Mechanical and Civil Engineering Seminar
The issues facing our nation's aging infrastructure are numerous, well documented, and only growing with time. However, we also find ourselves living in an age of unprecedented sensing technology that allows for greater volumes of data to be collected and analyzed than ever before. This proliferation of data has allowed the civil engineering community to build highly complex models to better assess our infrastructure and implement solutions oriented towards sustainability and resiliency, ideas that show great promise for both addressing these underlying issues and building better cities of tomorrow. Resiliency, specifically, addresses how a given structure or system absorbs a disturbance and maintains its basic function and capacity, a topic of ever-increasing importance given the recent spate of extreme weather events and the relative volatility of modern geopolitics. Resiliency is also directly related to problems in mechanics, as absorbing disturbances and maintaining capacity are clearly linked to concepts of energy dissipation and deformation.
1. In this talk, I will explore how structural models built from sensing data and applications of mechanics principals work together to tackle challenges of infrastructure resiliency. In particular, I will focus on two specific applications: accurately evaluating energy dissipation in long-span bridges and modeling the behavior of seismic protective devices in a complex isolated structure. Energy dissipation in a linear structural response is directly related to damping, and is profoundly important to a structure's response to extreme loads from natural hazards and excessive vibrations that can culminate in fatigue failure; however, the accuracy and reliability of conventional damping estimates may suffer when a structure is excited by non-uniform or narrow-band input, as is typical with loads induced by vehicular traffic and large trains travelling over long-span bridges. This talk will demonstrate that the nature of traffic loading introduces significant error in conventional damping estimates that cannot be easily resolved, but new methods that account for these error sources are proposed to overcome these challenges in identification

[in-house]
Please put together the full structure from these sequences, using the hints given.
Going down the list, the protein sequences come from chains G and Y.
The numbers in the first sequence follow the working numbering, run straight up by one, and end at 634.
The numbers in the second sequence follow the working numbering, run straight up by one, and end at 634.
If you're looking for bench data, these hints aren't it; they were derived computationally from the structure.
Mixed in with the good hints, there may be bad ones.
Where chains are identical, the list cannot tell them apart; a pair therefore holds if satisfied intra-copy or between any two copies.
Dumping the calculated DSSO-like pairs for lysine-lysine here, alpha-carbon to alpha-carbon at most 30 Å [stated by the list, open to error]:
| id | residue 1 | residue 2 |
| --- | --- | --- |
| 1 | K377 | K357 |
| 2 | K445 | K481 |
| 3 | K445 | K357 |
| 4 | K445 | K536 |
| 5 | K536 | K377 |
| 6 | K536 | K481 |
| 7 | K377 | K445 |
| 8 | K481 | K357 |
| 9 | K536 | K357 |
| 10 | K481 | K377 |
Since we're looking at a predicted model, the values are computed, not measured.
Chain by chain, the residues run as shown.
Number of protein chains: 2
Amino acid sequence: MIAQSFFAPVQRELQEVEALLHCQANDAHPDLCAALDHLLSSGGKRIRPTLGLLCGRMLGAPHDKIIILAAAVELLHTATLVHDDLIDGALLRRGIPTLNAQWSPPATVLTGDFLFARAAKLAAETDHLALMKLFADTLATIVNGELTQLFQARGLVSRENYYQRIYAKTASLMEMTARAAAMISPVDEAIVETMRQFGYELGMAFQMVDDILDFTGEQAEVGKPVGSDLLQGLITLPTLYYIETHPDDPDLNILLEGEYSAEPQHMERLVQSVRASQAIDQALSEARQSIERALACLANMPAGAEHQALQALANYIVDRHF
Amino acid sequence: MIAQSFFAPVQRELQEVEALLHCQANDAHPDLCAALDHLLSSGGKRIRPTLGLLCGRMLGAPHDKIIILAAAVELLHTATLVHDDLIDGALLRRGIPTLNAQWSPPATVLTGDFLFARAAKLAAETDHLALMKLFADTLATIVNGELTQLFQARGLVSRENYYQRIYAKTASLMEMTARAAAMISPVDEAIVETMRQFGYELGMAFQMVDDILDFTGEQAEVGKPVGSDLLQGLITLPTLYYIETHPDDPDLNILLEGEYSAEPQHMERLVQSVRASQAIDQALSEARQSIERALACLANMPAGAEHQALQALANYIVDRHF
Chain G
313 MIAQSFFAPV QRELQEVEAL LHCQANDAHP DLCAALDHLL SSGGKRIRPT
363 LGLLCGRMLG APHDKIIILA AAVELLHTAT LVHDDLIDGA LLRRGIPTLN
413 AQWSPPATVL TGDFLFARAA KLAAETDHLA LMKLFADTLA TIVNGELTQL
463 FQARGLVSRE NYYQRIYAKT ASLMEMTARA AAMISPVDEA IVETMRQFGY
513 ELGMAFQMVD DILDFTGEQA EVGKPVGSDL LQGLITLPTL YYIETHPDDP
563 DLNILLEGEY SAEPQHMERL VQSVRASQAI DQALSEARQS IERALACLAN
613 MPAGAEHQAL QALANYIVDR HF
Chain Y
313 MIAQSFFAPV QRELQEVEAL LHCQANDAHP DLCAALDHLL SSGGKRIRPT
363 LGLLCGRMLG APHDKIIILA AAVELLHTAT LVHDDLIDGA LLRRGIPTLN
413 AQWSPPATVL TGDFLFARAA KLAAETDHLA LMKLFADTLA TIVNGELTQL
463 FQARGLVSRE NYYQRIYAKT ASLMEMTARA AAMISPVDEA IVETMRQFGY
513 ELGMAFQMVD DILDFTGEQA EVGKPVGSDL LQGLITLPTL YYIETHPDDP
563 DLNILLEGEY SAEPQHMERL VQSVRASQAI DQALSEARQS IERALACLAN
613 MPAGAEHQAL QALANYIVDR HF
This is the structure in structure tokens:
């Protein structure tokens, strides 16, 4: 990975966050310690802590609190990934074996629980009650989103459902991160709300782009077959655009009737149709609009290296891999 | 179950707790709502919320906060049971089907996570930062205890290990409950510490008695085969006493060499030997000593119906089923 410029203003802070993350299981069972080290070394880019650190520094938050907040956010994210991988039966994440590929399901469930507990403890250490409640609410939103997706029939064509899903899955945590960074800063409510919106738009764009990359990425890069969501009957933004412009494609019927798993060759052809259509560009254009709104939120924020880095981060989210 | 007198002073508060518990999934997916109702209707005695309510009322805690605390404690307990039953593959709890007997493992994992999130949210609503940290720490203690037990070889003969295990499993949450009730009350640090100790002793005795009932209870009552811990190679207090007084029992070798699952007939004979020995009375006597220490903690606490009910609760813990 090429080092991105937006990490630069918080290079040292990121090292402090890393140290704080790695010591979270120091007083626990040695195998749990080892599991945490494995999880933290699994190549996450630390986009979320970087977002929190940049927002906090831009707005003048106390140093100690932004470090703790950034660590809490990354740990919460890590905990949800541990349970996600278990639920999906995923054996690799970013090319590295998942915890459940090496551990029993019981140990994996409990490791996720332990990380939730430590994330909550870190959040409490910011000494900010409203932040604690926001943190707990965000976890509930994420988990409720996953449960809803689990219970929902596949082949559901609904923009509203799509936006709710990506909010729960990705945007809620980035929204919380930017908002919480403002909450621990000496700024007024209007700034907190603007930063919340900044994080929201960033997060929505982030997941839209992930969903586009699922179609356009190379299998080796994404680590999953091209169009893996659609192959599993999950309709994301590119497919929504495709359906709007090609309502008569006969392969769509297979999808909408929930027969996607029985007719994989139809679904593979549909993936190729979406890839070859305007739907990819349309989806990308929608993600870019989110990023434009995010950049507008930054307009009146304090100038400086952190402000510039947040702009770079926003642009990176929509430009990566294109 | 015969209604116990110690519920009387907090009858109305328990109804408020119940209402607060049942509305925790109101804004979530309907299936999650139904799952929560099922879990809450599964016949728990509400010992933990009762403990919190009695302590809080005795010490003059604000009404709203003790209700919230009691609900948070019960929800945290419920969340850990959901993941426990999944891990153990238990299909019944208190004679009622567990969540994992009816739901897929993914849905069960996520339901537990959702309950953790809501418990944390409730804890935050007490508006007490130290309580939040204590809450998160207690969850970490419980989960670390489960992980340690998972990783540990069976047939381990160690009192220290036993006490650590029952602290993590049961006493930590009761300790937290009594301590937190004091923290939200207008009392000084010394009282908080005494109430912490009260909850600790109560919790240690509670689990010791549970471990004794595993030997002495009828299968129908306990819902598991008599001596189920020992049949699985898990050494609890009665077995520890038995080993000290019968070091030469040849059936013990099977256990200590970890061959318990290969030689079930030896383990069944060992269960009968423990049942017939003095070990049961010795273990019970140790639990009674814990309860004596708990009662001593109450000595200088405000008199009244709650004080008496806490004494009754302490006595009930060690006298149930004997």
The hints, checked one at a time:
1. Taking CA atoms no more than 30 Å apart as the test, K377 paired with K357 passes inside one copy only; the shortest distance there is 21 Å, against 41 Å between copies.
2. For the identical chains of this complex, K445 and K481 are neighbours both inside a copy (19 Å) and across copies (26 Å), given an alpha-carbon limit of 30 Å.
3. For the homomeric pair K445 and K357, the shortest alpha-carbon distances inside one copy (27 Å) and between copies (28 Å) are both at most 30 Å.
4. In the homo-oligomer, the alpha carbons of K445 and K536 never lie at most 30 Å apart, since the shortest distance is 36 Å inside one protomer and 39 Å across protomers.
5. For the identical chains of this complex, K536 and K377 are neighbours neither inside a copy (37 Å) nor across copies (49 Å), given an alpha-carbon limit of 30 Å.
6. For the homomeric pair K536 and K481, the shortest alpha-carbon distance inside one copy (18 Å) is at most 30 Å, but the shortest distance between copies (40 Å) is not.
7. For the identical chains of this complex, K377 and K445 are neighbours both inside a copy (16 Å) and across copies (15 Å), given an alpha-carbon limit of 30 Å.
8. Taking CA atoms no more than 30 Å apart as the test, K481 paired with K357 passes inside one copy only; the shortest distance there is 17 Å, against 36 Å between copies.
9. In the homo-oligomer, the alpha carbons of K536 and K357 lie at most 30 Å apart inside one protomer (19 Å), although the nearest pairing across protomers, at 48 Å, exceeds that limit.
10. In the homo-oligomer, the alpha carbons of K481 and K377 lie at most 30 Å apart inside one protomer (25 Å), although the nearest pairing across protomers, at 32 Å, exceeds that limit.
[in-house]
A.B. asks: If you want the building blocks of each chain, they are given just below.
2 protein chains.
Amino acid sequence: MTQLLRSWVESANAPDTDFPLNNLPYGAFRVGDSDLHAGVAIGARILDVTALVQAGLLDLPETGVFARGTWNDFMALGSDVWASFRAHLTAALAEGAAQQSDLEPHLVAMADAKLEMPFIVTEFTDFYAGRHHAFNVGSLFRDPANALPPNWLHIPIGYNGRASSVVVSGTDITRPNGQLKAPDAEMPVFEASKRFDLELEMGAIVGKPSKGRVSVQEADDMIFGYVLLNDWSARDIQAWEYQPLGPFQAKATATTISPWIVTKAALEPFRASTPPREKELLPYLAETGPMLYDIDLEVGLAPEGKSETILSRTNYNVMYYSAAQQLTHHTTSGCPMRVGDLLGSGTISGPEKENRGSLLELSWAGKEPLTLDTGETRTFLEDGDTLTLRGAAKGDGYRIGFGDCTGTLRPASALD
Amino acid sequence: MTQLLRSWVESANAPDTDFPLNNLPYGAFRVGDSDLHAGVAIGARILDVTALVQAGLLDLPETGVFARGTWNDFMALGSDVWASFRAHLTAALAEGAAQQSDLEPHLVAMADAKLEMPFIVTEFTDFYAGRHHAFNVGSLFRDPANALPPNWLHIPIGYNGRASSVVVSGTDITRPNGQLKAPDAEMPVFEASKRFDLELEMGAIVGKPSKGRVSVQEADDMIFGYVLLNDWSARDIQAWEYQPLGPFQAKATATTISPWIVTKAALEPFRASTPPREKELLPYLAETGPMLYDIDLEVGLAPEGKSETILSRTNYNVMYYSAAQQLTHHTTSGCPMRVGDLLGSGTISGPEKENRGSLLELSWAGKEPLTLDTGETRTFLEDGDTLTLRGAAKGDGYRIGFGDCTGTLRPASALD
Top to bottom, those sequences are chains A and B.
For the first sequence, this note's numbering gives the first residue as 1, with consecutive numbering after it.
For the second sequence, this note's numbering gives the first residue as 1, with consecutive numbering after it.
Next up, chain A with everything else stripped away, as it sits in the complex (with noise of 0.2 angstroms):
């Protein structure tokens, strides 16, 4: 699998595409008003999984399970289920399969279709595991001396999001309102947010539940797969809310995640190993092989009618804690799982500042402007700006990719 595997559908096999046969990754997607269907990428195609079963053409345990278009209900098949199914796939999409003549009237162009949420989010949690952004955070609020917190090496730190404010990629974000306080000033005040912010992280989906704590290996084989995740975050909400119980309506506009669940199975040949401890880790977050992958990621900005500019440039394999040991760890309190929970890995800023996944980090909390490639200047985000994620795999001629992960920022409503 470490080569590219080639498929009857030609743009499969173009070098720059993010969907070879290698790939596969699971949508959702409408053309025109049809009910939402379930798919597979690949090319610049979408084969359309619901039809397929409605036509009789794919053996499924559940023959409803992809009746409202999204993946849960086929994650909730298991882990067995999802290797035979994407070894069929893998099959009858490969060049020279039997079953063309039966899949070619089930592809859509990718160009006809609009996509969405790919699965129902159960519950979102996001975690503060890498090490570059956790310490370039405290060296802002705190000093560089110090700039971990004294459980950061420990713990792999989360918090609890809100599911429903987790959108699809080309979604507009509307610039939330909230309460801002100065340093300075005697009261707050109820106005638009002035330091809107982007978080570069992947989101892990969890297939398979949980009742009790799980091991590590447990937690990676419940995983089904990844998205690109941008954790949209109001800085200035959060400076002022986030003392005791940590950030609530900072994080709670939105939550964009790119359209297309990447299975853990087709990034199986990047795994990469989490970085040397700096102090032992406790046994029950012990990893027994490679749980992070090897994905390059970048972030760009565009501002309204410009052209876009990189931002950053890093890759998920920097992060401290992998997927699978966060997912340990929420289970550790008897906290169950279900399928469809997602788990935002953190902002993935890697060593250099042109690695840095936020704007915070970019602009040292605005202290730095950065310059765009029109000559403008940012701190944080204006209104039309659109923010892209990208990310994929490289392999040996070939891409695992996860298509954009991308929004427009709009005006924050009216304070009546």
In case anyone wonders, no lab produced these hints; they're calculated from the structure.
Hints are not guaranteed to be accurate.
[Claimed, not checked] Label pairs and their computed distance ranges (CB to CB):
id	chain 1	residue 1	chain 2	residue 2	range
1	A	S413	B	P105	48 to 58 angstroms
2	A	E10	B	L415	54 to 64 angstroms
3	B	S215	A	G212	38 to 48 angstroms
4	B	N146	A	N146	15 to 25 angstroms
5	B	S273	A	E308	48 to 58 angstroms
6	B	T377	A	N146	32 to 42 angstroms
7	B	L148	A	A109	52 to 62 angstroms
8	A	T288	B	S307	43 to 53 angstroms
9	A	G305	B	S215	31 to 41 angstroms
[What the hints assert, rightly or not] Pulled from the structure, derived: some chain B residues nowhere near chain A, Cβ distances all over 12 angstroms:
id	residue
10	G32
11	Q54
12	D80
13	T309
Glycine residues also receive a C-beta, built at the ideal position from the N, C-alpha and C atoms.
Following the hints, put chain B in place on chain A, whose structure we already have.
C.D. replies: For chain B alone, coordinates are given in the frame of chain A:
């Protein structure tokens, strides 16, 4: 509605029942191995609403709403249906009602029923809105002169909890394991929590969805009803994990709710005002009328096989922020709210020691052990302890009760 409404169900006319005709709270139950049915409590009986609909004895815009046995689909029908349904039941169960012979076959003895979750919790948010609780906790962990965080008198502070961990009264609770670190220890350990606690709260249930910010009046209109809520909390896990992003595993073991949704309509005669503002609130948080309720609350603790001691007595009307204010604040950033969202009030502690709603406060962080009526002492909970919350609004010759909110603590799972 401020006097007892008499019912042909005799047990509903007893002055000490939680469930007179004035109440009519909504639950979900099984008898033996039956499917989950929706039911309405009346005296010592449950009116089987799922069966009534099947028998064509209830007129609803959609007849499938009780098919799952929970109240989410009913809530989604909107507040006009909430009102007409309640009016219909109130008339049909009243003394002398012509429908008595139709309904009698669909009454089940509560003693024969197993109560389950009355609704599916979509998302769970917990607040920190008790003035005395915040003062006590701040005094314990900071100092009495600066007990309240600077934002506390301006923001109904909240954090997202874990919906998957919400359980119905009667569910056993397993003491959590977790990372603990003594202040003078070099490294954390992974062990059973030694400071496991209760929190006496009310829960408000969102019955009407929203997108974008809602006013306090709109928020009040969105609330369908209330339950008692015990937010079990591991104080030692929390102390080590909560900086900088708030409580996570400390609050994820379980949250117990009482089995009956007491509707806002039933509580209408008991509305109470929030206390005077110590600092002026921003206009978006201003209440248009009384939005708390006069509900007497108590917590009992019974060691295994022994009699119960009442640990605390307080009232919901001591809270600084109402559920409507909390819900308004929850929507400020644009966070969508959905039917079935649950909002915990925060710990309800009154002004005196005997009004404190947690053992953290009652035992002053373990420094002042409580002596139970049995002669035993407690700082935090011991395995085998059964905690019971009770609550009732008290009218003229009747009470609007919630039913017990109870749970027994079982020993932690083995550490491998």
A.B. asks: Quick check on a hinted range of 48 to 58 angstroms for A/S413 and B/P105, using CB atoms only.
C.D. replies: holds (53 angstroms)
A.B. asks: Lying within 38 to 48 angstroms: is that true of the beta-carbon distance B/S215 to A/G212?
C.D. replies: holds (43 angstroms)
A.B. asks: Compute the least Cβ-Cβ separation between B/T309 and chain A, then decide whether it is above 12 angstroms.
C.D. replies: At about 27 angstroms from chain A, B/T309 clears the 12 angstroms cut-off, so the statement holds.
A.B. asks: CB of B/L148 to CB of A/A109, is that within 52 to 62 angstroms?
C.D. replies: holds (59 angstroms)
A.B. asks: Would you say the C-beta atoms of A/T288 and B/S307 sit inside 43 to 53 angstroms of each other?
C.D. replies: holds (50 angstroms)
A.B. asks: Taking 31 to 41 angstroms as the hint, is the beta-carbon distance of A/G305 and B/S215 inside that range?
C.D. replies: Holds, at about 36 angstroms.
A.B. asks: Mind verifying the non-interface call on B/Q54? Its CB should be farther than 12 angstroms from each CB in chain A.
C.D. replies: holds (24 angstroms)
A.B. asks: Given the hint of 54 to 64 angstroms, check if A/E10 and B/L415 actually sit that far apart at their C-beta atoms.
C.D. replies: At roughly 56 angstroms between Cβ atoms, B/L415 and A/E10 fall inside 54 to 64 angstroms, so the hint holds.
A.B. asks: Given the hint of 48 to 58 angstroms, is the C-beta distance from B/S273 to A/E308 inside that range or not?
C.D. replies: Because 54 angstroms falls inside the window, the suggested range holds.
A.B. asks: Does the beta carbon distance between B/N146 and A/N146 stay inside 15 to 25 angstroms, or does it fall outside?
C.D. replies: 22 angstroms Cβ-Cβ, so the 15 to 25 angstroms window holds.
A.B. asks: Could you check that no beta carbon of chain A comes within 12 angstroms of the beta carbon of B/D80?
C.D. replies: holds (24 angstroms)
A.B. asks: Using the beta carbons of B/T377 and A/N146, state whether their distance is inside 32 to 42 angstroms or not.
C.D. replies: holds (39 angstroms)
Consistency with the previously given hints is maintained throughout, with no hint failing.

2. Another challenge is the development of accurate computational models for the seismic protective systems that are utilized in structures to mitigate the potentially disastrous effects of earthquakes. Because it is often infeasible or too costly to test every scenario in a laboratory setting, it is necessary to create models that capture the salient features of the seismic protective devices; however, the creation and selection of such models represents a formidable task as many seismic protective devices exhibit high degrees of nonlinear behavior when the structure is excited by large earthquakes. Various strategies of parameter identification and model selection that account for the nonlinear behavior of seismic protective systems are discussed through both experimental and computational studies.
This talk will conclude with a few brief examples of how tools developed for assessing and analyzing resilient infrastructure can be applied to other fields, such as materials science and biomechanics, to study similarly pressing problems.
Dr. Patrick Brewick earned his B.S. (2009) in Civil Engineering from the University of Notre Dame and M.S. (2010) and Ph.D. (2014) in Civil Engineering and Engineering Mechanics from Columbia University. After his Ph.D., Dr. Brewick was a Viterbi Postdoctoral Fellow at the University of Southern California in the Sonny Astani Department of Civil and Environmental Engineering. Dr. Brewick is currently a Research Scientist in the Materials Science and Technology Division of the U.S. Naval Research Laboratory. Dr. Brewick's research focuses on exploring the connections between data analytics, modeling, and mechanics and tackling the challenge of turning measurements into useful models that accurately reflect the behavior and characteristics of the physical system.